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Interview with Andrew Lagowski - 8/4/98

Jester: How did you first meet Brian Lustmord?

Andrew: I was very interested in SPK and he was helping to run Side Effects in the U.K. I went over to his place and he showed me lots of SPK and other artifacts which blew my mind.

Jester: How did that relationship lead to you releasing a Legion and a Lagowski album on his Side Effect label?

Andrew: Well Brian simply wrote to me one day "How about doing an album for Side Effects" which I was really happy about, obviously. If he likes music by anyone, and thinks it deserves an airing, he will try to put it out, regardless of its earning potential. That's what I call commitment to your original aim.

Jester: Whose idea was it to record the Terror Against Terror album?

Andrew: The whole idea and imagery was Brian's. He wanted to put out a real heavy EBM thing which crapped on those Front 242-type popsters. We recorded it way before it came out, but record company types delayed its release which made it sound dated by the time it came out.

Jester: John Bergin was responsible for all of the artwork for Legion's "Leviathan" and Lagowski's "Ashita". Did you have any input into the art direction and overall presentation of those albums?

Andrew: The artwork for all three Legion releases was done by Disinformation (Joe Banks). John Bergin did the 'Ashita' artwork. I supplied the image of gold particles which I got from a guy who does micro photography etc. I usually try to supply images for my releases or have a big say in how things turn out.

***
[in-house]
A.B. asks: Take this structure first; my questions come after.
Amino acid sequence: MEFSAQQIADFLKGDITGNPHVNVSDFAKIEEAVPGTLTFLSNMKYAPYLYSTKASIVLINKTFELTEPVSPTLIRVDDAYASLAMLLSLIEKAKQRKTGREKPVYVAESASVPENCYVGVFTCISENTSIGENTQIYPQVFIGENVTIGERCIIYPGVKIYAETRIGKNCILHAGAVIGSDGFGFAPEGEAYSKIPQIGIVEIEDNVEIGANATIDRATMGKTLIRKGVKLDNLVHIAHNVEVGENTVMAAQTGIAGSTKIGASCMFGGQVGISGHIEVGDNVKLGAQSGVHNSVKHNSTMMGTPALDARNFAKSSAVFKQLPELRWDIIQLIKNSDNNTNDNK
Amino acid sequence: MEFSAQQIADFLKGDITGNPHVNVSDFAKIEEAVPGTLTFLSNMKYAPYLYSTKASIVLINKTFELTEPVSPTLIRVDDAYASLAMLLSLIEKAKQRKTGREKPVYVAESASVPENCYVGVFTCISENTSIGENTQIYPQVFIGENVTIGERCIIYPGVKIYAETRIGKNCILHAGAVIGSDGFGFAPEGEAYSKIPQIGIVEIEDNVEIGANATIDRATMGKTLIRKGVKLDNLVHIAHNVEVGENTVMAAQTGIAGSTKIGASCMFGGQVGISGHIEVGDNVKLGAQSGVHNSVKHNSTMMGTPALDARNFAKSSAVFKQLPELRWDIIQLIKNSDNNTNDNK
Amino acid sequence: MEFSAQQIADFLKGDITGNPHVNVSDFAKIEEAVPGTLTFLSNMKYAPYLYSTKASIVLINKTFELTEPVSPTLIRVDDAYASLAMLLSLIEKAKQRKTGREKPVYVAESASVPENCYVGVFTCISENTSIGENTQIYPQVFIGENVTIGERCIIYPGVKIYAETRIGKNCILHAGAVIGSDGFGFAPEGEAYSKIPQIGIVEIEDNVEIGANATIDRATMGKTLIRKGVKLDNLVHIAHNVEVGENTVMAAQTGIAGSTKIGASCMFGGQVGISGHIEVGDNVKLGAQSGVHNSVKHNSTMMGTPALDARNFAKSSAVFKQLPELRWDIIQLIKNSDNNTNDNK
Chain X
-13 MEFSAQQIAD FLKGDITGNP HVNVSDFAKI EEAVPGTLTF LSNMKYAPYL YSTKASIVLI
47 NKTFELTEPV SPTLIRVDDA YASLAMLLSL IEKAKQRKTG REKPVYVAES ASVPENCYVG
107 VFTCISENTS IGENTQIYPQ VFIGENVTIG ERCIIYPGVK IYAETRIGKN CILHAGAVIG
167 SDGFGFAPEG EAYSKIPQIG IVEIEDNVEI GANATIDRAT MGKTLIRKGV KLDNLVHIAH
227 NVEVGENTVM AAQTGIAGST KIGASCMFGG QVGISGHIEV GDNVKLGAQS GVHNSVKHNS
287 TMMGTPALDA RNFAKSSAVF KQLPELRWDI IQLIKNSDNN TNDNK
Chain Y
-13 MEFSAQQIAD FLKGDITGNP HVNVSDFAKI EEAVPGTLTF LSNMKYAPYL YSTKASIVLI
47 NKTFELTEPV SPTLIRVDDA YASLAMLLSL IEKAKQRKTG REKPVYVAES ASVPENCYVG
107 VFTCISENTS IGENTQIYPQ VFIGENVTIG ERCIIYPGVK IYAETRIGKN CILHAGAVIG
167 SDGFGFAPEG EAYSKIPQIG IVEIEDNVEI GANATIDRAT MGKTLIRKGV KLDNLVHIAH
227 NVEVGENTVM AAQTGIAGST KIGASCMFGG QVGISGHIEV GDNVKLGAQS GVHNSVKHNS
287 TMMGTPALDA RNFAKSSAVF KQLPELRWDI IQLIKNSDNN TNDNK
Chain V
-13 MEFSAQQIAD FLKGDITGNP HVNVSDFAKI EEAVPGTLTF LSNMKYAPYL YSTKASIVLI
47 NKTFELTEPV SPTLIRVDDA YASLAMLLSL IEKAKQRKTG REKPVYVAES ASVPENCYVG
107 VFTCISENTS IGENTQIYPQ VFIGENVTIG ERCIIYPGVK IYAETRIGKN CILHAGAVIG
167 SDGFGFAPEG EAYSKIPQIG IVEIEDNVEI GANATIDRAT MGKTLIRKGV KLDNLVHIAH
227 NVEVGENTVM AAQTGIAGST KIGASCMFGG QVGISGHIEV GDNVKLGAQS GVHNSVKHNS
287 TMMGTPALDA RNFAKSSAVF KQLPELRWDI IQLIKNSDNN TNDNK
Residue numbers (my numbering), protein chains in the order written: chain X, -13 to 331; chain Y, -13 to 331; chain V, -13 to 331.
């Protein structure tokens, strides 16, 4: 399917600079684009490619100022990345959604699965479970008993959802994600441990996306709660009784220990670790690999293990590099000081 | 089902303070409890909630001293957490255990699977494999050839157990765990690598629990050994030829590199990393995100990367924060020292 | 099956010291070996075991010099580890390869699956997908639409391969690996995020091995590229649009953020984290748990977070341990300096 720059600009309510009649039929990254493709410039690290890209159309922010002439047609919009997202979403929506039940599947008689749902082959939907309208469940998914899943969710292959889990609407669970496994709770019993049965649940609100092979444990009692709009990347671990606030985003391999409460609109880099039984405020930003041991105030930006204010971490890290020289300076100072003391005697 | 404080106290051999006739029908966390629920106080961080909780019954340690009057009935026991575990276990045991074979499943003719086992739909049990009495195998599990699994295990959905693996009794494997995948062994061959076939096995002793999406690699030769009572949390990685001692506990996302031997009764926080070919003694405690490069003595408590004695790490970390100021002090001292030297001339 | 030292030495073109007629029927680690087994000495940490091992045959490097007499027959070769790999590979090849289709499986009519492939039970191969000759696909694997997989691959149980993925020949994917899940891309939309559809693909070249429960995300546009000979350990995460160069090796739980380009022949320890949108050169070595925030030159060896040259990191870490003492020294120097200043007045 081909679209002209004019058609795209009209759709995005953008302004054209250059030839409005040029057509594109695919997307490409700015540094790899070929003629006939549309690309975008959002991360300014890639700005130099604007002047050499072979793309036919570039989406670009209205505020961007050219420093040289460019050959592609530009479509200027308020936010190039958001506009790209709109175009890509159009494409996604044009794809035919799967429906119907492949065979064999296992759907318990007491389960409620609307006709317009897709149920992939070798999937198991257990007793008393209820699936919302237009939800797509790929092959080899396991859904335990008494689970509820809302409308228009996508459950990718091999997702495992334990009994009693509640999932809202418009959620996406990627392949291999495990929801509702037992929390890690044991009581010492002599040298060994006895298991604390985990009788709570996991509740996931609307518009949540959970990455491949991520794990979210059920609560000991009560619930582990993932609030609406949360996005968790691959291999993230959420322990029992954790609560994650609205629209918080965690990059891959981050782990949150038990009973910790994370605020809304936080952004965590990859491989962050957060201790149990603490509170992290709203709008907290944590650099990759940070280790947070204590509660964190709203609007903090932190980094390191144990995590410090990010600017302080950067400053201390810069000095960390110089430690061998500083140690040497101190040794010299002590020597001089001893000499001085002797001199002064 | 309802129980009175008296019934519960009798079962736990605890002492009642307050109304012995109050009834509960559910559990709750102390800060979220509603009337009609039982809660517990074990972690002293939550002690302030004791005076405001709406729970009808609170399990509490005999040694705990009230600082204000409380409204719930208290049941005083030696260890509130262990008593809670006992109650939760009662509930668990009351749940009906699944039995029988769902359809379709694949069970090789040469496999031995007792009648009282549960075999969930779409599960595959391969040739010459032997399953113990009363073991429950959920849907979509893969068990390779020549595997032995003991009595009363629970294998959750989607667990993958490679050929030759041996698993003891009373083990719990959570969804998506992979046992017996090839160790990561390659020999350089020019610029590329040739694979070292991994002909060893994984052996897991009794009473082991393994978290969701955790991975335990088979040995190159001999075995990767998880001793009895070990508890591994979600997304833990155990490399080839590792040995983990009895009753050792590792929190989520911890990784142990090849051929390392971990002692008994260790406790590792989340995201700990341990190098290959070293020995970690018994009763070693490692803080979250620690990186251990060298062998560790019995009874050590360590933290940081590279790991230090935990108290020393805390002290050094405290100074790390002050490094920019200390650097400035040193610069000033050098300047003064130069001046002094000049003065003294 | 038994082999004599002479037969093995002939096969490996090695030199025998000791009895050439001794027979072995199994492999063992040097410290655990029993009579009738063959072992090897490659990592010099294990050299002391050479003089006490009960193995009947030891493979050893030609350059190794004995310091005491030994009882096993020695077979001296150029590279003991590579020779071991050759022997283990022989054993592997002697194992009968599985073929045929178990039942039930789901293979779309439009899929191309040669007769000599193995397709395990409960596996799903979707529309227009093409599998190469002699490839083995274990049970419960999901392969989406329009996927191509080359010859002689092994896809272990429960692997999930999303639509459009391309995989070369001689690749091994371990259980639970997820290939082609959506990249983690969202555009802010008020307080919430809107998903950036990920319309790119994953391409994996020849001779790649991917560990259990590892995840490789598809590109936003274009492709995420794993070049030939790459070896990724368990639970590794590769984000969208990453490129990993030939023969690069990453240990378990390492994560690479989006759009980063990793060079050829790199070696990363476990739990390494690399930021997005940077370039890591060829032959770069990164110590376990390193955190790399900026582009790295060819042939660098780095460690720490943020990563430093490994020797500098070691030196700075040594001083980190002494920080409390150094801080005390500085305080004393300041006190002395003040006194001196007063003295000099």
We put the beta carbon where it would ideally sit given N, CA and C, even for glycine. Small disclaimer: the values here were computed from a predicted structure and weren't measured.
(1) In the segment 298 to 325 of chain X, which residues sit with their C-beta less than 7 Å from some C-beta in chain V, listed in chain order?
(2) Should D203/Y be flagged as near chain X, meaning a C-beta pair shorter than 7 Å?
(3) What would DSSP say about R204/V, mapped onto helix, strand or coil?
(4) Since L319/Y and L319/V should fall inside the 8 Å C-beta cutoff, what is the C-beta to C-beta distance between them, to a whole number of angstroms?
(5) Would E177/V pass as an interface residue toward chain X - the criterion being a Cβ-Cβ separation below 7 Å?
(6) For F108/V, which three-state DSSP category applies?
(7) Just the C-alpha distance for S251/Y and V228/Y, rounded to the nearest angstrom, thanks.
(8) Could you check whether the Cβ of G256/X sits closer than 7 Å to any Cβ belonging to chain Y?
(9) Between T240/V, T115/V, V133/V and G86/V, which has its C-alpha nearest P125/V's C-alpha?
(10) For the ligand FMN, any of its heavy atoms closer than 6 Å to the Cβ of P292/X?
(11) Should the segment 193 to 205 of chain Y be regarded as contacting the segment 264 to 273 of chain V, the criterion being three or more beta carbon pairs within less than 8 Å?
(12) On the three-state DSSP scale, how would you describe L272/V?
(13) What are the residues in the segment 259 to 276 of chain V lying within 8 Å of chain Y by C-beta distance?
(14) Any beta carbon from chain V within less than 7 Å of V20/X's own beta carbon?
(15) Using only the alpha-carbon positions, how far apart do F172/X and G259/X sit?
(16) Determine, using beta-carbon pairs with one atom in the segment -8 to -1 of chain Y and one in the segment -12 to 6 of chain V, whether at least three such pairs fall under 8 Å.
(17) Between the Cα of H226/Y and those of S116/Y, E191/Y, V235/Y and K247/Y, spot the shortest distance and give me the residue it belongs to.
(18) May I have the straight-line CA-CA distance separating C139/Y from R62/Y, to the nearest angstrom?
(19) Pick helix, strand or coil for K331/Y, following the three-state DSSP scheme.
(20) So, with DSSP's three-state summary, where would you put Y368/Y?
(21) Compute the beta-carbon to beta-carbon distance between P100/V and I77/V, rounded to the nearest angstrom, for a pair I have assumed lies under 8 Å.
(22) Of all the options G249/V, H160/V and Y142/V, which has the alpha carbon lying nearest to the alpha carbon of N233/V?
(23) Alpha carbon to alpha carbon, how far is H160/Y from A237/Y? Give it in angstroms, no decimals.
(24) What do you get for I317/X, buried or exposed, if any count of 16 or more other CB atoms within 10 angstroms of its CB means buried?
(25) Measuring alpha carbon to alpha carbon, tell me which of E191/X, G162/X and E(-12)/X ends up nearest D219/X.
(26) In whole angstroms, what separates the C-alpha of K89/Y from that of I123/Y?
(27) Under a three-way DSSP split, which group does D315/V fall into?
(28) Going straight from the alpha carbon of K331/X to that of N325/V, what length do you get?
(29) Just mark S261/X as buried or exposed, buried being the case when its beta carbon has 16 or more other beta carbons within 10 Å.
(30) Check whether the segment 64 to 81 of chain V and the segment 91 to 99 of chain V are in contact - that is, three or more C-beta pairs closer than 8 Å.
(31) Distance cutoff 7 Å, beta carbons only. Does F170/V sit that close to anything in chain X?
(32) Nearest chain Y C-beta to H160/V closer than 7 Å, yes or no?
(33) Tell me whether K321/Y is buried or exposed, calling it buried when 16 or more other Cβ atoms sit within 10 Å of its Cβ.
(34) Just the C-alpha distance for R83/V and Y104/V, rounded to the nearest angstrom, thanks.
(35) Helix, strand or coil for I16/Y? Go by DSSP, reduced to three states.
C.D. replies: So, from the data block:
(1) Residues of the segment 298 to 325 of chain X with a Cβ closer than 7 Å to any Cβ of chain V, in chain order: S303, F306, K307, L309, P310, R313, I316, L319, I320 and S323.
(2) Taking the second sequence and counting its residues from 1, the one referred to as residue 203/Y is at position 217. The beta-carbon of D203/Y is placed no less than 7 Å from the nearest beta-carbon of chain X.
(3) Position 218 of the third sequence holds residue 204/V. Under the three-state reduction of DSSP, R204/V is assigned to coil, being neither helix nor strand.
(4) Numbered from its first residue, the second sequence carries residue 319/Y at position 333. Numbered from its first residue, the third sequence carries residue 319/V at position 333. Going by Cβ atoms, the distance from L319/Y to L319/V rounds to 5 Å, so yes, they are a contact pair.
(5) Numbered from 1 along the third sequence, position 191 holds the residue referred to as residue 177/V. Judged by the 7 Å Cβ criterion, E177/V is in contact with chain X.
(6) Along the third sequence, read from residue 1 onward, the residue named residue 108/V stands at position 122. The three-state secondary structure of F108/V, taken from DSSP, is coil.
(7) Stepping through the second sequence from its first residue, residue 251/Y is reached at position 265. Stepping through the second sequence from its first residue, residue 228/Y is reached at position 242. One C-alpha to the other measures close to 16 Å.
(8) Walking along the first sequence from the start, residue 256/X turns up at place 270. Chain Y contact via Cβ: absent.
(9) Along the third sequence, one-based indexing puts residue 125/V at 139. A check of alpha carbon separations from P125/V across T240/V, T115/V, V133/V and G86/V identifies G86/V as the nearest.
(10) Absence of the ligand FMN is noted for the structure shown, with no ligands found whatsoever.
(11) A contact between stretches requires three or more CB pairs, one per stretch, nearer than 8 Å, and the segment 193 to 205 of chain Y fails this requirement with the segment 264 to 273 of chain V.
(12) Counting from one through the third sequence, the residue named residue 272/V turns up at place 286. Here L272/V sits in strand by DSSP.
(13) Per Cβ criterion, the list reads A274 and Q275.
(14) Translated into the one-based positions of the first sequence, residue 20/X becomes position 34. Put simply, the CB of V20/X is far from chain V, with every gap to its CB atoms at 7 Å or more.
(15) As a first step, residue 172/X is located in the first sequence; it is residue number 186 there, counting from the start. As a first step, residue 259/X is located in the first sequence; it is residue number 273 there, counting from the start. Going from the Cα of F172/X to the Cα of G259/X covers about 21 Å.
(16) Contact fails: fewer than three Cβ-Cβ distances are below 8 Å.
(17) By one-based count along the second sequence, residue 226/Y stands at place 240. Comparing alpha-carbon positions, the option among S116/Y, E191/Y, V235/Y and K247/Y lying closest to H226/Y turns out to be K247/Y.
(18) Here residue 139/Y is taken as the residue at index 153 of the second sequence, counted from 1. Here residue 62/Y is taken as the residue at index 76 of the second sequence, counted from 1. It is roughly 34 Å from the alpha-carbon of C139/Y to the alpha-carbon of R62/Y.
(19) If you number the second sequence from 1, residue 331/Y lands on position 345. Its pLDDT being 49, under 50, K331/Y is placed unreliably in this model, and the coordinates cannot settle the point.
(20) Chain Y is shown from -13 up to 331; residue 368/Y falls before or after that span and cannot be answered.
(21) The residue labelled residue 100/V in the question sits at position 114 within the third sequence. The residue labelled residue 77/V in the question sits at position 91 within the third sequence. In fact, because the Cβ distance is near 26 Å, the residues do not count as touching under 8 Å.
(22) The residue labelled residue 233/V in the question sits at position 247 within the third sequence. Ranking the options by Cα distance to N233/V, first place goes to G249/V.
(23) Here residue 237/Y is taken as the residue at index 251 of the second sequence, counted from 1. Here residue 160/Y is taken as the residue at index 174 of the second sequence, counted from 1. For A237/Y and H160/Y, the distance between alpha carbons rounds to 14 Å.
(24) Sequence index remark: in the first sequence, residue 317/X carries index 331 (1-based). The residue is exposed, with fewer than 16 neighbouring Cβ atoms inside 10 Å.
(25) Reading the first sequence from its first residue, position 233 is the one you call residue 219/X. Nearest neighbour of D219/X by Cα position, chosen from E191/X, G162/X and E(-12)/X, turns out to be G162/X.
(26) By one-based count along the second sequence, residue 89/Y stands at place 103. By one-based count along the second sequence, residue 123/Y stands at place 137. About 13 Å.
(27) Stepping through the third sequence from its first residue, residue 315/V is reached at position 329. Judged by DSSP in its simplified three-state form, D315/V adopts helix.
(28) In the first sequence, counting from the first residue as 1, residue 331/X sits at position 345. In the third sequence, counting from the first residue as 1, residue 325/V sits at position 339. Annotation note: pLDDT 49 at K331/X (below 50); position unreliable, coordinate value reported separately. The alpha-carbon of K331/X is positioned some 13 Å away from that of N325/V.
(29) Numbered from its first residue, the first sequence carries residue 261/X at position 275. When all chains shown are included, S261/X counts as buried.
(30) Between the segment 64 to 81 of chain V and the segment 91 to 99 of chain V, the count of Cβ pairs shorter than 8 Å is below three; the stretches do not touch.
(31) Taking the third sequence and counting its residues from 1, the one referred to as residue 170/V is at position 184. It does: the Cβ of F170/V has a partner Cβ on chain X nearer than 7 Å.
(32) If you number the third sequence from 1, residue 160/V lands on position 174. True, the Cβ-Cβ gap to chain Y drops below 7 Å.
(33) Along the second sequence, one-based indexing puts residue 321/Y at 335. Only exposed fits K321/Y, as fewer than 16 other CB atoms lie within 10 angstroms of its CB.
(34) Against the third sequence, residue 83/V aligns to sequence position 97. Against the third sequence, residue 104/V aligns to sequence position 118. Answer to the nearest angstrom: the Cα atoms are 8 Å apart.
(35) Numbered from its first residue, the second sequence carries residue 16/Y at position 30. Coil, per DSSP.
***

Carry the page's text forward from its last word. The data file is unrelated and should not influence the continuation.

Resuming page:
Jester: What role did you have in creating the Isolrubin BK "Crash Injury Trauma" album?

Andrew: I did a lot of the sampling and mixing of the tracks. I was given instructions on how to mix stuff or where to arrange parts etc. It was good fun to do.

Jester: How do you delineate musically between your three projects Lagowski, S.E.T.I. and Legion?

Andrew: The different sounds/textures are now merging into one sound really. I used to use S.E.T.I. for space type stuff, Legion for dark, filmic stuff and Lagowski for dance music, but these days things are moving towards the S.E.T.I. direction but with dark/noisy tinges.

I'm still making dance stuff, but it'll come out under the S.E.T.I. name now as that's the name I use for live stuff, and people seem to have gotten used to me under that name. I think Legion has died but it might be reactivated if there are any interesting live events which call for evil/dark sounds.